Galesburg Register-Mail from Galesburg, Illinois on October 1, 1963 · Page 14
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Galesburg Register-Mail from Galesburg, Illinois · Page 14

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Tuesday, October 1, 1963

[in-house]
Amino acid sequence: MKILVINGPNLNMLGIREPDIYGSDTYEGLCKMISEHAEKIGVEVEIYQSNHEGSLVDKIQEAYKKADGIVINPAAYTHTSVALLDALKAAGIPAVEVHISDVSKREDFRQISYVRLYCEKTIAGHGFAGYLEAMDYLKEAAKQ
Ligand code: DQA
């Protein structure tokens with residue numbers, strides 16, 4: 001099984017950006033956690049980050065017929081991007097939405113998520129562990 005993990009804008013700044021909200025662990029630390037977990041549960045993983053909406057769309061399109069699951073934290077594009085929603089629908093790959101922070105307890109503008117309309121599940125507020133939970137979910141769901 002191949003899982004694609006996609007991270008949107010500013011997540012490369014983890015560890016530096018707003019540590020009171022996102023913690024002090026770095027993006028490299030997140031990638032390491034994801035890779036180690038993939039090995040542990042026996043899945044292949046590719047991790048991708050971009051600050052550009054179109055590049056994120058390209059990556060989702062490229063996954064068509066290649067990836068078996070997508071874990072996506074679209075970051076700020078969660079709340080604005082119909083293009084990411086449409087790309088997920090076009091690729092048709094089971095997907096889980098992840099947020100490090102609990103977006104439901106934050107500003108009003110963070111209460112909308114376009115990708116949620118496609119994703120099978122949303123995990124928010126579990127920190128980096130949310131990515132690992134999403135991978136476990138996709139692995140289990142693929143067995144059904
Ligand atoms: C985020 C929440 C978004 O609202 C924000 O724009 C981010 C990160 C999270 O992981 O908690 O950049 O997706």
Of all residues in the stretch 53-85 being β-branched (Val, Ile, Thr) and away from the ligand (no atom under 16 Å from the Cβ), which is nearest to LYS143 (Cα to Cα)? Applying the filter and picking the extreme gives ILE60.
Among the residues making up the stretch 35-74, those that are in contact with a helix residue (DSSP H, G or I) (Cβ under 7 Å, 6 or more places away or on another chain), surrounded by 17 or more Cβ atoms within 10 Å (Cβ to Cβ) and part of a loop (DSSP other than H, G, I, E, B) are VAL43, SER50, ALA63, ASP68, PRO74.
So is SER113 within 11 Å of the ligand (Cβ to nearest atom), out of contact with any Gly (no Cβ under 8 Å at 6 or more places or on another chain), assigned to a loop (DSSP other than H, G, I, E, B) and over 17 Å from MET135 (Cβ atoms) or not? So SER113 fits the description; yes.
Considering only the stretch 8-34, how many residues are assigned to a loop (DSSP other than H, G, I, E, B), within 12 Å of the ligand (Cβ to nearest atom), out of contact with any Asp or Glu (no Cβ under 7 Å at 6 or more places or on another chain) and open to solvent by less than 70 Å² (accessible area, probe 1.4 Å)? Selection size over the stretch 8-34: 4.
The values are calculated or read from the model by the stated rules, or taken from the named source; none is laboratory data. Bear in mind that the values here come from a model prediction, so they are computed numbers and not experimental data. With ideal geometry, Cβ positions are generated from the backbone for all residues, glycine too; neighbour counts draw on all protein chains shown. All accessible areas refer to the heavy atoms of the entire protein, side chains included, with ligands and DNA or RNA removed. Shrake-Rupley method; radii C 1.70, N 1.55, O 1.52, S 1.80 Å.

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(jalesburg Register-Mall GALESBURG, ILL., TUESDAV, OCT. 1, 1963 PAGE 14 Facts, Data On Series <W1 3 NEW YORK (UPD-Facts and figures on the 1963 World Series: ; Opponents: New York Yankees (America^ League champions) Los Angeles Dodgers (Na- ^jtional League champions). Winner: First team to win four games. Sites and dates of games: First ,i«JJw> games at New York, Oct. * ; *3; third, fourth and fifth (if necessary) at Los Angeles, Oct. 5-6-7; sixth (if necessary) and seventh (if necessary) at New York, Oct. 9-10. Starting time: New York games, 1 p.m., EDT; Los Angeles games 1 p.m. PDT (4 p.m. EDT). Rival managers: Yankees, Ralph Houk; Dodgers, Walt Alston.' Pitchers for first game: Yankees,, Whitey Ford (24-7); Dodgers, Sandy Koufax (25-5). First game odds: Yankees favored at 13-10. Series odds: Yankees favored at 7-5. Probable weather for first game: Partly cloudy, temperature in the mid 60's. Radio and TV: All games broadcast and televised nationally by the National Broadcasting Company (NBC). Radio announcers —Ernie Harwell and Joe Garagiola. Television announcers — Mel Allen and Vince Scully. Past series records: Yankees, won 20, lost 7; Dodgers, won 2, lost 10. Past Yankees -Dodgers series records: Yankees won 6, lost 1. NEW YORK (UPD—The probable lineups and batting order for Wednesday's first game of the World Series at Yankee Stadium: Los Angeles Wills ss (.302) Gilliam 2b (.282) T. Davis If (.326) F. Howard rf (.273) Skowron lb (.203) W. Davis cf (.245) Roseboro c (.236) McMullen 3b (.236) Koufax p (25-5) New York Kubek ss (.257) Richardson 2b (.265) Tresh If (.269) Mantle cf (.314) Maris rf (.269) E. Howard, c (.287) Pepitone lb (.271) Boyer 3b (2.51) Ford p (24-7) Umpires — Paparella (AL), plate; Gorman (NL), lb; Napp (AL), 2b; Crawford (NL), 3b; Rice (AL) and Venzon (NL), foul lines. ^SWIFTEST — Willie Davis has ^been getting on base and Is the ^fastest Los Angeles Dodger of " them all. Hitchcock Plans for Long Rest OPELIKA, Ala. (UPI) - Former Baltimore Orioles manager Billy Hitchcock arrived at his home here Monday and said he was planning to rest after "a long year." "I'm planning to take a rest for a couple of weeks before I make any decisions," Hitchcock told United Press International. Hitchcock was fired from his | managerial post after the 1963 season ended Sunday. He was offered a front-office job with the Orioles by General Manager Lee McPhail, but said he has not made up bis mind whether to take it. "I talked with Mr. McPhail and told him I wanted to think it over for a couple of weeks," he said. Houk Hopes for the Breaks, Alston for Healthy Koufax NEW YORK (UPI) - Manager Ralph Houk of the Yankees hoped today for "the breaks" and skipper Walter Alston of the Dodgers for "a healthy Sandy Koufax" for the World Series ©pen- ing Wednesday in Yankee Stadium. There was a good chance Alston's hope would be fulfilled for Koufax, the golden armed south' paw who will face Whitey Ford, New York's left handed money pitcher, in the .first game said on his arrival, "I feel fine." He had been reported suffering from the aftermath of a slight ease of the flu. However, only time — perhaps seven games — will tell whether the Yankees, who have made winning World Series a habit, will get the breaks. The way Houk sees it, the two teams are so evenly matched that the series could be decided by "the breaks of the game." He doesn't buy the general talk that the Dodgers are inferior defensively. He does agree with Alston that pitching, usually the name of the game whether it be for one game or 162, wilt decide the series vie* tor providing those breaks even up. Although me Yankees are concerned to have more depth in the pitching department, the Dodgers starting trio of Koufax, Johnny Podres and Don Drysdale and their relief ace, Ron Perranoski, are accorded a slight edge over the Yankees "big four." They are starters Ford, Al Downing and Jim Bouton with Hal Reniff the No. 1 man in the bullpen. Houk, cheered by the improve- EARLY BIRD — George Schneider of New York is holding his post late Monday as he awaits the first game of the World Series between the New York Yankees and Los Angeles Dodgers Wednesday. The fan, who wins the dubious honor of first in line, says he has been there since Friday. UNIFAX Harder Fired, Wynn Hired CLEVELAND, Ohio (AP)—Base balls take funny bounces, too. Ask | Mel Harder, who was fired as Cleveland pitching coach and replaced by Early Wynn, the man he taught to pitch so well. Harder was an institution in Cleveland—until Monday. Then Gabe Paul, the Indians' general manager, fired Harder, 53, who had been with Cleveland for 36 Wynn, 43, who came back this I wouldn't accept the offer to be- year to win his 300th major league come our pitching coach, we'd game-and did it, although he lost brin g in somebody else." two games along the way. i Harder joined the Indians in "Early was reluctant to take the } mnn and P° sted a 223-186 record ... ... , . . in 20 seasons as a Tribe pitcher. pos.tion with us only because he He wag a player . coach in ^ but didn't want anyone to think he had devoted full time to teaching was seeking Mel's job," said Man- since the 1948 Reason, when the ager Birdie Tebbetts. /Indians became world champions. "I simply told Early that Mel!. "I'm checking out a few clubs," wasn't going to be with us next h ® fW"- "About four years ago, the Yankees and White Sox of- years, a record tenure in baseball. _ _ The man Paul turned to was I year in any case. And that if he SLii ~ u- ; _ 1 fered me a coaching position. Maybe somebody will want me Year Makes Difference for Terry now.' (Reg. U. S. Pat. Off.) By OSCAR FRALEY NEW YORK (UPI) - One year made a tremendous difference in the life of big Ralph Terry but the tall pitcher from Oklahoma shrugs off the quirks of fate with the studied analysis that "a man has to be realistic," One year ago as the New York Yankees went into the World Series, Terry was one of their most potent pitching guns. He had led the American League with 23 triumphs and he followed up with two wins in the series, capping a big year with a 1-0 victory over the Giants in a heart-stopping finale. This year he is practically ignored as the Yankees get ready to go in against the Los Angeles Dodgers. The talk this time is of Whitey Ford and two younger men, Al Downing and Jim Bouton. And the proven mop-up man in the late innings is Hal Reniff. "Long Inning" Relief Terry, it was alluded, would be in the bull pen for a "long inning" relief job. If, in other words, the starter was kayoed early in the game. "How come Terry is in the bull pen?" somebody asked Yankee manager Ralph Houk. The iron major fixed the questioner with a pair of icy eyes and there was barbed wire in his tone as he said: "I'll pitch whoever I think best." Houk hasn't come out and said pointedly that Terry is in the rocking chair brigade. But he has said that Ford will start the first game, Downing the second and Banks to Be Good as New For 1964 CHICAGO (AP)-Ernie Banks, the Chicago Cubs' slugging first baseman, figures to be as good as new when the 1964 season rolls around. Banks, one of the Cubs' all-time sluggers, suffered the worst season of his 10 -year career during 1963 when ho finished with a .227 average with 18 home runs and 64 runs batted in. The 32-year-old Banks was out of the Cub line-up during the final month of the season and didn't even make the last two road trips. Extensive examinations by Dr. Jacob Suker, the club physician, revealed that Banks had a sub­ clinical mumps condition in addition to a blood infection. It all meant that Banks was rundown. When the Cubs learned of his condition they left it up to Banks as to whether or not he wanted to play and Ernie sat back and left the first base job to John Boccabella who joined the team late in the season. "I'll be ready when the whistle blows next season," said Banks. Bouton the third. Which, with a day off for travel to the coast after the first two, brings Ford back again in the rotation. Barring the possibility that the weak- hitting Dodgers will play bombs away early against one of the starters, Terry may view this one from afar. But he accepts it philosophically, by no gesture or inflection hinting that he might be disgruntled after another year in which he led the league in complete games and innings pitched. "I didn't have a bad year," pondered the 27-year-old right hander who won 17 while losing 15. "But I didn't have a good year, either. Some of those I lost could have gone my way but, then, on the other hand, some of those I won could have gone the other way." No Jealousy r There is no jealousy in the slender pitcher whose main fault, if he has one, is that he refuses The Indians didn't give any reasons for the firing, but it's no to "bruch back" the hitters and secret that the front office has they therefore can take a toehold been unhappy about the Cleveland against him. pitching staff. "Bouton is the best righthander Wynn is being taken off the ac- in the American League today," tive roster and his pitching days he observes quietly. "And you probably are over. "It's not in can't get away from the fact that! his mind or mine to reactivate Downing has pitched so well he deserves a start." No alibi. No recriminations. And the Yankees know full well that the workhorse pitcher will give them his best at all times Accept Invitations NEW YORK (UPI) - Infield. „. ers Tony Taylor of the Philadel He doesn't know any other way phia Phillies and Felix Mantil him," said Tebbetts. to go. "Whatever I can do," he said, looking forward to the series, "I'll do. But whatever it is, I'm hungry to do a good job." Houk, scheming to get the best tools working against the Dodg ers, admits that "Terry could play a big part for us." But it has to be small consola tion as he looks back on the head lines of just a year ago. READ THE WANT ADS! THE BIC SUNDAY is SPECIAL , FUN DAY Ihcoria Journal Star la of the Boston Red Sox, and pitcher Diego Segui of the Kansas City Athletic have accepted invitations to participate in the Latin-American major league All-Star game scheduled for Oct. 12 at New York's Polo Grounds. READ THE CLASSIFIEDS! merit in the condition of his two outfield stars, Mickey Mantle and Roger Maris, said the Yankees "are in the best physical condition of the season." Alston was concerned over his pitching — Koufax, Perranoski and Podres. Like Koufax. Perranoski has had a touch of the flu. "Unless Koufax gets sick today or tomorrow, he'll pitch," said Alston upon the Dodgers' arrival Monday night, "and Perranoski is okay." Among his regulars, Alston had a question mark in rookie third base Ken McMullen. McMullen re-injured a muscle in his left leg Thursday night but Alston thinks he will be ready to play Wednesday. If he isn't, he will shift Jini Gilliam to third base and put rookie Dick Tracewski, a slick fielder but weak hitter, at second. Alston refused to name a starting lineup "until I find Out if McMullen will play." Houk named this lineup and batting order for the first game: Shortstop Tony Kubek, second baseman Bobby Richardson, left fielder Tom Tresh, Mantle, Maris, catcher Elston Howard, first basemar Joe Pepitone and Ford. Rich Series Sees Although this will be the eighth World Series meeting between the clubs, it will be the first since the Dodgers left Brooklyn after the 1957 season to find a baseball gold mine in the Far West and Yankee officials predicted capacity crowds for the first two games here Wednesday and Thursday. They reported, however, that a few reserved seats had not been sold while about 6,000 bleacher and standing room only tickets will go on sale the day of each game. With standing room, the Yankees can crowd 72,000 in their park. Add that to the 55,000 capacity of Dodger Stadium in Los Angeles, and it figures to be the richest series ever for the players, who share in the receipts of th first four games only. The Yankees, who have won 20 out of the 27 previous World Series in which they have participated, were favored to win this one, Vk to 5 and were 6 to 5 choices to win the opening game. The Dodgers have won but two of their previous 10 series, the last one coming in 1959 against the Chicago White Sox. Cubs Name Players to Team Roster CHICAGO (AP)-Second baseman Paul Popovich and right- handed pitcher Sterling Slaughter, a pair of Amarillo, Tex., farmhands, were added to the Chicago Cubs' varsity roster Tuesday. The Cubs also asked waivers on veteran infielder Alex Gram* mas for the purpose of giving him his unconditional release. They assigned catcher Ralph Holding to Amarillo and ticketed five pitchers for their Salt Lake affiliate. They are George Gerberman, Phil Mudrock, Hal Haydel, Morrie Steevens and Tom Baker. Popovich, 23, earned his graduation to the parent club by bat ting .313 for Amarillo and lead ing the Texas League in doubles with 37. He hit 17 home runs and drove in 60 runs. Slaughter, 21, had a 10-7 rec ord and a 3.00 earned run average which topped the league. Slaughter, a native of Danville, 111., was signed out of Arizona State at Tempe. Popovich attend ed West Virginia. FAIR TOMORROW Time to tosniate WHITE'S PHONE MZ-Oltt See-World Series on Hew Admiral Color Television • World Series Lunches Served • Michclob on Top BOWLERS INN 65 S. Cherry St GaUsburg, III. ELSTON HOWARD will be behind the plate for the Yankees In the series opener Wednesday and is expected to slow down some of the Dodger base-running.. 10 Moundsmen Record 20 or More Victories This Year NEW YORK (AP)-Sandy Koufax of the Los Angeles Dodgers and Whitey Ford of the New York Yankees, who'll be facing each other in the opening game of the World Series Wednesday, head a list of 10 pitchers who entered the 20-victory circle during the 1963 baseball season. The 10 members of the elite group make up the largest contingent since 1951, when 13 pitchers won 20. The modern two- league record is 17, set in 1903 and equalled in 1920. However, the large number does emphasize that 1963 will go down as a pitcher's year. There were six 20-game winners last season, and only Don Drysdale of the Dodgers posted 25 victories. This year both Koufax and Juan Mari' chal of San Francisco won 25. The other National League 20- game winners were Milwaukee's Warren Spahn, 23-7, ane a 20- game winner for the 13th time— a mark exceeded only by Cy Young's 16—Cincinnati's Jim Maloney, 23-7, and the Chicago Cubs' Dick Ellsworth, 22-10. Koufax was 25-5 and Marichal 25-8. In the American League, Ford, 24-7, and Minnesota's Camilo Pascual, 21-9, are two-timers. Pascual did it last year, Ford in 1961. Ford's pitching partner on the Yankees, Jim Bouton, was 21-7, Boston's* Bill Monbouquette 20-10 and Baltimore's Steve Barber was 20-13. Giants, Cards Trade ST. LOUIS (UPI) - Only one day after the baseball season had ended, the St. Louis Cardinals and the San Francisco Giants participated in the first post-season trade of 1963. The Cards traded 29-year-old pitcher Ken MacKenzie for Giant re serve catcher Jim Coker Monday. WHATTA RELIEF!—Ron Perranoski, left, and Dick Radatz are shown in their 1958 college baseball togs when they were team* mates and roommates at Michigan State. Now they are bringing relief to the major leagues. Perranoski, with the Los Angeles Dodgers, is the No. 1 fireman in the National League. Radats ef the Boston Red Sox holds the same position in the American. Hear Complete Weather Summaries from the Burlington, Iowa, weather station at 7:05 A.M. (with a raeeot al f:05) 12:15 P.M. 5:55 P.M. And hear the local weather facts from the Oxark Air Station in Galesburg every Hour on the half-hour. **WGIL** RADIO THE SOU NO CITIS £ N 1400 ON YOUI QUI 1 I